Valve’s Steam Machines Will Officially Launch In November

Valve’s Steam Machines Will Officially Launch In November

“Steam Machines will start at the same price point as game consoles, with higher performance,” Valve said in a press release today. Well, OK.

The much-anticipated living room PCs, which have been MIA since Valve officially announced them in early 2014, will officially launch this November alongside a special Steam controller and a device called the Steam Link that will allow for game streaming between multiple PCs or Steam Machines at 1080p/60HZ, according to the folks at Valve. The Steam Link and Steam Controller will each cost $US50.

The concept of the Steam Machine was always

At GDC in San Francisco this week, Valve is showing off Steam Machines from Alienware and Falcon Northwest, and they say they have got PCs from “a dozen other partners” launching in November, too. Says Valve: “Steam Machines will start at the same price point as game consoles, with higher performance. Customers interested in the best possible gaming experience can choose whichever components meet their needs.”


  • The concept of the Steam Machine was always

    was always?

    I need a new PC, debating whether it’s worth getting a Steam machine or not. Any word on how many games will be optimised for Steam OS yet, including the back catalogue?

        • I’m no expert, but isn’t the Steam OS Linux based? That would be my guess as to why so few games are compatible. Surely they’ll be working towards getting every Steam game working, otherwise what’s the point. I mean who’ll want Steam OS, or a Steam Box if it’ll only run a small portion of their catalogue.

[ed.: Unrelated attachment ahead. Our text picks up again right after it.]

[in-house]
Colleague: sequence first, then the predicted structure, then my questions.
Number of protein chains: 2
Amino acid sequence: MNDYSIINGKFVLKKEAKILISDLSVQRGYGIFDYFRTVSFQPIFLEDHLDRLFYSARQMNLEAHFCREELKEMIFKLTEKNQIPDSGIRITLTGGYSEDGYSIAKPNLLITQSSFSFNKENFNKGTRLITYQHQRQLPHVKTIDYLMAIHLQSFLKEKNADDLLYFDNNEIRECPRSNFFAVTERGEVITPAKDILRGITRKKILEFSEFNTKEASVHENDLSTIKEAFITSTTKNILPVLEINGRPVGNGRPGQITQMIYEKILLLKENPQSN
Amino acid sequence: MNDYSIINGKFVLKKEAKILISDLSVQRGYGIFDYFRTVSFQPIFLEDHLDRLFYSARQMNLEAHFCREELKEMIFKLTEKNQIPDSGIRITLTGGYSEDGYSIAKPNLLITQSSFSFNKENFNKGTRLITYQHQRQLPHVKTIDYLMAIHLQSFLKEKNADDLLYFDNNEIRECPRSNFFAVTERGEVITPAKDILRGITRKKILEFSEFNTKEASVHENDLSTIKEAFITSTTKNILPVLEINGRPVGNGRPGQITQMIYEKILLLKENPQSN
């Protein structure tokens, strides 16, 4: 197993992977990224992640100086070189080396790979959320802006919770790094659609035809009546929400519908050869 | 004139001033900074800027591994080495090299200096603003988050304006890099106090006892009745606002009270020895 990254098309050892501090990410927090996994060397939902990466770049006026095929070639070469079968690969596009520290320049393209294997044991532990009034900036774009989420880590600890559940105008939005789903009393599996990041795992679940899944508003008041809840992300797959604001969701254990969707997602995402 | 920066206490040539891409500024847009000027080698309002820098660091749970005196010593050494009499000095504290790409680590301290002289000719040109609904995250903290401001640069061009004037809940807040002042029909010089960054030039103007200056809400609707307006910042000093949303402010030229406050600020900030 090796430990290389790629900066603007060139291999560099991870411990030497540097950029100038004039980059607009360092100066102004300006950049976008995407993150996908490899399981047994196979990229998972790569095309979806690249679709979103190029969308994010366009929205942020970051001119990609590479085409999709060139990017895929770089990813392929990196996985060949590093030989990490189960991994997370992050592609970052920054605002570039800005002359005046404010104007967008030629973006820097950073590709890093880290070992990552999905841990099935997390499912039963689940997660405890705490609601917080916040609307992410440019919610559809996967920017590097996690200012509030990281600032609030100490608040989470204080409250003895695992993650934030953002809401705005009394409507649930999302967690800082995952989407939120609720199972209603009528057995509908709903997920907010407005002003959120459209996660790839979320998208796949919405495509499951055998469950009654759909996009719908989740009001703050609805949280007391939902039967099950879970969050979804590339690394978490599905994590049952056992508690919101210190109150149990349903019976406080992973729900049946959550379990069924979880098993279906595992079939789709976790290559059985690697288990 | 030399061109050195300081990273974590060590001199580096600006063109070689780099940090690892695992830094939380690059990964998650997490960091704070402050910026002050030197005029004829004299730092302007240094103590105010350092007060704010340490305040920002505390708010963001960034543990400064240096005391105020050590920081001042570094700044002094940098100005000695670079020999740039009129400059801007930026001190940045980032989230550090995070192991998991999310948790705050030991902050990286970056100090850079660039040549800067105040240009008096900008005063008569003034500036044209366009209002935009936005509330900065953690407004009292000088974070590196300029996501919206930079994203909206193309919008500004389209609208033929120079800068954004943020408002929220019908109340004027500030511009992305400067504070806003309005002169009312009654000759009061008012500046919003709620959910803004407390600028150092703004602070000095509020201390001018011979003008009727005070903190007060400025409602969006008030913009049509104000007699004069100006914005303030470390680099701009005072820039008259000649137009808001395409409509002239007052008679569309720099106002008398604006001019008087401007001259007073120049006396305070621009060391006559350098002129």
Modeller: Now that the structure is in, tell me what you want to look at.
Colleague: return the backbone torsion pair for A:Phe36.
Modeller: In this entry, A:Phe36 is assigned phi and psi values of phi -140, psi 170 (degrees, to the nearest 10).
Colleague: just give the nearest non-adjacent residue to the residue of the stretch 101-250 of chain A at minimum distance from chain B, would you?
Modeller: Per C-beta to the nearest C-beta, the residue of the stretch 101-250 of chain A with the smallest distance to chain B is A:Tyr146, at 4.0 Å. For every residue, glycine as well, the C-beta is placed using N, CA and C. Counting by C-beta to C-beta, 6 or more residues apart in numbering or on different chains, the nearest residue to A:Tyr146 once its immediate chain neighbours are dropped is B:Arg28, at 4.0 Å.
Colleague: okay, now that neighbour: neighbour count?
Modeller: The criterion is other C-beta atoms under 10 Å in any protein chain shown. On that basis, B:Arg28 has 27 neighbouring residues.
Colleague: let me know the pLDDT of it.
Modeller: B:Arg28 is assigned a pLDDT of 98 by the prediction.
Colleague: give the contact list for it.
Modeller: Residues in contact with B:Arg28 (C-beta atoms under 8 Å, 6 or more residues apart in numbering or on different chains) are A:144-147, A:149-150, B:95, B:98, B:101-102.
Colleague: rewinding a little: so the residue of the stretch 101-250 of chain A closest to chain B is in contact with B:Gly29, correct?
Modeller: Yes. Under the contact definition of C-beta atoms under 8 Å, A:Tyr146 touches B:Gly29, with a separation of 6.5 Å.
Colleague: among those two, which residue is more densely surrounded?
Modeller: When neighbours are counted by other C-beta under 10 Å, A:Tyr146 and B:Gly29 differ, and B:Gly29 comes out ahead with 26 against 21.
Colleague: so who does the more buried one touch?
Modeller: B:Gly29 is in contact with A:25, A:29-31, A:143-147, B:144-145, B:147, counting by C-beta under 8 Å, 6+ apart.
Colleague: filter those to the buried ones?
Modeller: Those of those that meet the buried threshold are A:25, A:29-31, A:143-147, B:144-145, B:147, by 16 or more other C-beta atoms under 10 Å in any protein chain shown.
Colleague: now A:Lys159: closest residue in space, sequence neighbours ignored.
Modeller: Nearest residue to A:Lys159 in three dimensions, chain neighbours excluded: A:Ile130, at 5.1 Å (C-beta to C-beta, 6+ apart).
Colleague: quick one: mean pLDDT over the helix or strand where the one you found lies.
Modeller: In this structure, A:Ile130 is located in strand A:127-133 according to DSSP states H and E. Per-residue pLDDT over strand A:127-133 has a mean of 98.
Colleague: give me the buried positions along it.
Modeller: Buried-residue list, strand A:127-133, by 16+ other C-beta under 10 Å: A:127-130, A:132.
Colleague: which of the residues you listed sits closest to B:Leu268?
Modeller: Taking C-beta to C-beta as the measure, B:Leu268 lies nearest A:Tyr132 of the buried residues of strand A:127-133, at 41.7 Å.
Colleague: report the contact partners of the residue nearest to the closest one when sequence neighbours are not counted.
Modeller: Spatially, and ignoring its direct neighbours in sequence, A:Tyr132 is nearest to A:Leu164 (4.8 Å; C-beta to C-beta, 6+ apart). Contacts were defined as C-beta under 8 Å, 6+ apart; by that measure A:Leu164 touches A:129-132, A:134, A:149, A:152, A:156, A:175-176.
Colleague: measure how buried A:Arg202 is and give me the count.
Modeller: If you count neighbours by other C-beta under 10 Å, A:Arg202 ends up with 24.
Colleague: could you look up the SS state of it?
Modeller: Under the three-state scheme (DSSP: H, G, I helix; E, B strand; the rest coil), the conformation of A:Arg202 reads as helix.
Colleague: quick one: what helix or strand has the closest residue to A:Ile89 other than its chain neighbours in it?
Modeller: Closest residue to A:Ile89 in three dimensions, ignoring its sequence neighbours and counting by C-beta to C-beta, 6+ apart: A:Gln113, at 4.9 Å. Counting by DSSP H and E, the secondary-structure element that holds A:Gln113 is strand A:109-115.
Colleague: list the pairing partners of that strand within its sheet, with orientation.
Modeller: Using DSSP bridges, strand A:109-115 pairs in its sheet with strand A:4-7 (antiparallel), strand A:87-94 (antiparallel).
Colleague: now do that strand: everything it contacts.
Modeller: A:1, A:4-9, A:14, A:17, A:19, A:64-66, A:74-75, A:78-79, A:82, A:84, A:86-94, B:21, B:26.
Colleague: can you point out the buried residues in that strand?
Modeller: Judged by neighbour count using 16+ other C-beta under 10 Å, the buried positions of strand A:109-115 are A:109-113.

• Well, I don’t see all games ever running. Vavles simplified porting process, as far as I know, relies on a wrapper of sorts to convert DX into Open GL. If it were that easy/ desirable, I’m sure more publishers would have done it already as it’s been ‘available’ since Valve ported all their games to Linux. More evidence to this, I might say, would be the abysmal port of the Witcher 2 on Linux that, from my understanding, used a similar porting process.

            I reckon unless Valve strike a licensing deal with MS for the use of DX, or essentially create an emulator (unlikely) I doubt we will see many older games make their way across.

          • Game developers will port to Linux (and by extension SteamOS) if they think there is a market for it and there is a channel available to sell to that market. The growing number of Linux games available on Steam seems to show that many developers think there is a market. If a sufficient number of SteamOS consoles get sold, then developers will want to target them irrespective of the underlying OS.

            We’ll probably never see 100% coverage, which is why Valve is also pursuing local streaming. I disagree that anything short of 100% is pointless though. By that logic, Steam for MacOS is pointless because not all games have been ported, and Steam Big Picture mode is pointless because not all games support controllers.

    • Well… TBH, I’m not holding my breath about the back catalogue. They have had Linux support for years and we have seen a slow movement of games being ‘ported’. Old games have issues working on Windows, let alone Linux.

      Actually, I’m not sure I see the point of a ‘stem machine’ over a PC. For me PC is about flexibility, upgradability, not thermal throttling, and, well, not being a console. Not that that’s stopping you from connecting a PC to your tv, with a controller, and booting into steam’s big picture mode instead of the windows desktop.